I came back from the dead
For weeks after a blood vessel burst in my head, the only part of my body I could move was my eyelids. In the months since then, I’ve come part of the way out of my silent helplessness. And I'll walk again if it kills me
This story was “told” to me by a man who still can t talk, can t write, can t use any of the ordinary sign language of the deaf and dumb because even now he can't move, except with the greatest difficulty. Paralysis still cuts him off from all ordinary communication. Nevertheless he managed, by painful effort over a period of weeks, to type out a complete account of his ordeal. His sister sent it to Maclean’s, and it provided a kind of first draft for this article. I was assigned to get a lot more detail from him. and then do a rewrite of the whole.
At Lancaster Veterans Hospital I found my man
propped up in bed. a portable typewriter at his side and an alphabet card near his left hand. For three days we worked on the story. I asked the questions, he spelled out the answers on his card. In the evening I would leave him with a dozen or so typewritten queries and he would have the answers typed and ready the next morning. Awkward as this interview technique was. Cormier proved to be as articulate as anyone I've ever interviewed. His wife and three children came to visit him one Sunday morning. Work ceased almost entirely as he watched the boys frolic around his bed, picnicking
on orange pop and potato chips. Ivan's face may be paralyzed, but delight shone from his eyes that afternoon. He wants desperately to go home for good, but realizes that if he is to recover further use of his limbs he must have the therapy that only the hospital can provide.
When 1 left he was hard at work on a humor article that recalled happier days. How Not to Catch a Mackerel, it was called. When I began to suggest possible markets he stopped me. “First,” he spelled out. “I have to learn how to write."
He is a remarkable man.
EARLY ONE BRIGHT February Sunday in 1959. a few weeks before my thirty-ninth birthday, a paralytic stroke shattered my world. One moment I was a well man stealing a few extra minutes in bed while my wife took the baby downstairs for breakfast. The next moment I was a helpless cripple, paralyzed from head to toe. robbed of the power of speech, almost dead.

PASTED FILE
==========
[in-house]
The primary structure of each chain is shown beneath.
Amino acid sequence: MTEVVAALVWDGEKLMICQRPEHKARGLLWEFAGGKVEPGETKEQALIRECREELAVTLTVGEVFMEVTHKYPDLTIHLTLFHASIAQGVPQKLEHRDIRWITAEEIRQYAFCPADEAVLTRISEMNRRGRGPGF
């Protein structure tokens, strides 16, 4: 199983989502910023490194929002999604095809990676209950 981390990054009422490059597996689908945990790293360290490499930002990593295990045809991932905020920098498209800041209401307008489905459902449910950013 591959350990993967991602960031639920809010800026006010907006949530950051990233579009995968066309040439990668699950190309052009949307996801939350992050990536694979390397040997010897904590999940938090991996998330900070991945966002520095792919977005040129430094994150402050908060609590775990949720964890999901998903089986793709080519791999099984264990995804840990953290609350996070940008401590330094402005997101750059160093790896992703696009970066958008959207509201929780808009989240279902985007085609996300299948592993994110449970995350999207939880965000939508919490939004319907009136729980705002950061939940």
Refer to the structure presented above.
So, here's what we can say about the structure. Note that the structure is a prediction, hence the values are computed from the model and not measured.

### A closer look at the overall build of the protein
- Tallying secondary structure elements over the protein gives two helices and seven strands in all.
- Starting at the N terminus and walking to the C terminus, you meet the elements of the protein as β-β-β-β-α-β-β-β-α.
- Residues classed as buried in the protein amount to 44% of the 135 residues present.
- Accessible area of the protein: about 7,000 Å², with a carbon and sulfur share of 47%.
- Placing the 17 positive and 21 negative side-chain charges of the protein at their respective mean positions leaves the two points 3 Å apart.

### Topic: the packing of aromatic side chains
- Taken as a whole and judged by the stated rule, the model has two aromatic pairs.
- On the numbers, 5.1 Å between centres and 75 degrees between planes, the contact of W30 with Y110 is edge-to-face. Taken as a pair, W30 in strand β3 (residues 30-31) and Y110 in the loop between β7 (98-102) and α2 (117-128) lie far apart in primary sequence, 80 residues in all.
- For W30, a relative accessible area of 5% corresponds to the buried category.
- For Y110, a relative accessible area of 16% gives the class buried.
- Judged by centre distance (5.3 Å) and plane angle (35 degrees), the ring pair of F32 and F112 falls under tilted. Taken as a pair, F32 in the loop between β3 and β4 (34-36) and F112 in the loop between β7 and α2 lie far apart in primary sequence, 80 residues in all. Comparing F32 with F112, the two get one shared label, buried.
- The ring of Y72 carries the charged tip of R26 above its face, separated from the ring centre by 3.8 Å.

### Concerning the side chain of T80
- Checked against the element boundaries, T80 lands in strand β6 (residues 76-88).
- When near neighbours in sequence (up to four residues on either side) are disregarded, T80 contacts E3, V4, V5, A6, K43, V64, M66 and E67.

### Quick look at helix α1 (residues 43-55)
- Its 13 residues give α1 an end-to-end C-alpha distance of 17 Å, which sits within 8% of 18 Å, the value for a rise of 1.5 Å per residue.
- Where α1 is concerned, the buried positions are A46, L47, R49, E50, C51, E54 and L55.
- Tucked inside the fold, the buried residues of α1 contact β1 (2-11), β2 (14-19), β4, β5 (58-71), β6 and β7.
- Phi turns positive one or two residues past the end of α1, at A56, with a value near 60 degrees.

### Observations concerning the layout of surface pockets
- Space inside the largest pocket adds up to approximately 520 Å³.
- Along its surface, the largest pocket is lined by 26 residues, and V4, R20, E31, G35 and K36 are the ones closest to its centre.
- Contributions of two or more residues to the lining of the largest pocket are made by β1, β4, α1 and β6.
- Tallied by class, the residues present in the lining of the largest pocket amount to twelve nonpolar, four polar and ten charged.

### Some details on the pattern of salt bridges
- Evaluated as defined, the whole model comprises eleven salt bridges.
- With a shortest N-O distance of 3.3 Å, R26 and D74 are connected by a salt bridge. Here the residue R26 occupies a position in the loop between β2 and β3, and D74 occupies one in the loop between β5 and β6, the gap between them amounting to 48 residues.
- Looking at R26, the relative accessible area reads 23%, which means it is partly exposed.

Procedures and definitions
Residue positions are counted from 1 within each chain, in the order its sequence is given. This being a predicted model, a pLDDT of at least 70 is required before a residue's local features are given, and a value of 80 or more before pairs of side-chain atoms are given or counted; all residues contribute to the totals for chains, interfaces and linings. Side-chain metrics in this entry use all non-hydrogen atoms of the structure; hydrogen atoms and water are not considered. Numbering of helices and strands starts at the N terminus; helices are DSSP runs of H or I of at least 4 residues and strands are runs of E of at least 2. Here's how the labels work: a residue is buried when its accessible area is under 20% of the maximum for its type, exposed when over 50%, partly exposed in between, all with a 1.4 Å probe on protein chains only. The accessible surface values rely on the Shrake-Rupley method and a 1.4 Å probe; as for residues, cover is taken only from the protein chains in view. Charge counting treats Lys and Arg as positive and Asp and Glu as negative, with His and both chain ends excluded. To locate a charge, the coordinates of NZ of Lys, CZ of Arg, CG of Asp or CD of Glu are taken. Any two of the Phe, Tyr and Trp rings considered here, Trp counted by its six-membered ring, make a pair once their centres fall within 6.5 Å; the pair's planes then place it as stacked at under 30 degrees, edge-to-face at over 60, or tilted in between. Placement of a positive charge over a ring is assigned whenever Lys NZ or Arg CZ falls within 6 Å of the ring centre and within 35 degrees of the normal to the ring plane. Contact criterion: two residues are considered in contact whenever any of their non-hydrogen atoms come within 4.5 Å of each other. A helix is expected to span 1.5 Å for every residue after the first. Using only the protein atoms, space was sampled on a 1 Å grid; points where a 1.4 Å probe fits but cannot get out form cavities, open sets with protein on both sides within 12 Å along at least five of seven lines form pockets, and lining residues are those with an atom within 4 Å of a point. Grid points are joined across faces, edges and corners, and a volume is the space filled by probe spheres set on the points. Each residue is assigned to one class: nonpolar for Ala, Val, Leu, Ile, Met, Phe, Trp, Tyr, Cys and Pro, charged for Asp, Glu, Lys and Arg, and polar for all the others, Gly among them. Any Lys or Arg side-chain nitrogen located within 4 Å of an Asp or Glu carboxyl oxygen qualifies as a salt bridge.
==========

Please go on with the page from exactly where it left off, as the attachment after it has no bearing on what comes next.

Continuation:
It was. in effect, the end of my life — the end of my existence as a normal man with a growing family in a small New Brunswick city.
Yet today, still in hospital and with no hope of ever regaining full use of my limbs or my vocal cords, I know no bitterness. Every morning I give thanks for being alive. Little things I used to pay no attention to seem so precious now — the greenness of the grass, the smell of fresh air. the warmth of the sun. I have ended one life and begun another and it’s just possible that, with God’s help, I can make my next thirty-nine years richer by far than the first thirty-nine. I’ve learned a great deal in the past eighteen months — about myself, about my fellow-man, about life. I’ve discovered that faith can move mountains. And I know that if I don't give up, if I keep hoping and trying and praying, I will walk again with my wife and three children at my side — and that will be the happiest moment of my life.
I am telling my story in the hope that it will help other stroke victims. It really begins on a Tuesday, two weeks before Christmas of 1958. Our home then was Edmundston. my birthplace, on the Quebec side of New Brunswick. I was deputy registrar of deeds and was studying by correspondence toward a law degree. That Tuesday. I remember, 1 had finished lunch and was getting ready to go back to the office.
Jessie Ann, my wife, was
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I came back from the dead continued from page 15
“I could hear gurgling sounds. After a while S realized it was who was making them”
tucking the baby — Max is three now — into his crib for his afternoon nap.
Suddenly I felt stabbing pains in my chest. I didn’t know what had happened. I sunk my head between my knees and the pain eased a little. But my
breathing became increasingly difficult, so Jessie Ann called a doctor. He examined me briefly and told me to stop by his office in the morning for a complete checkup.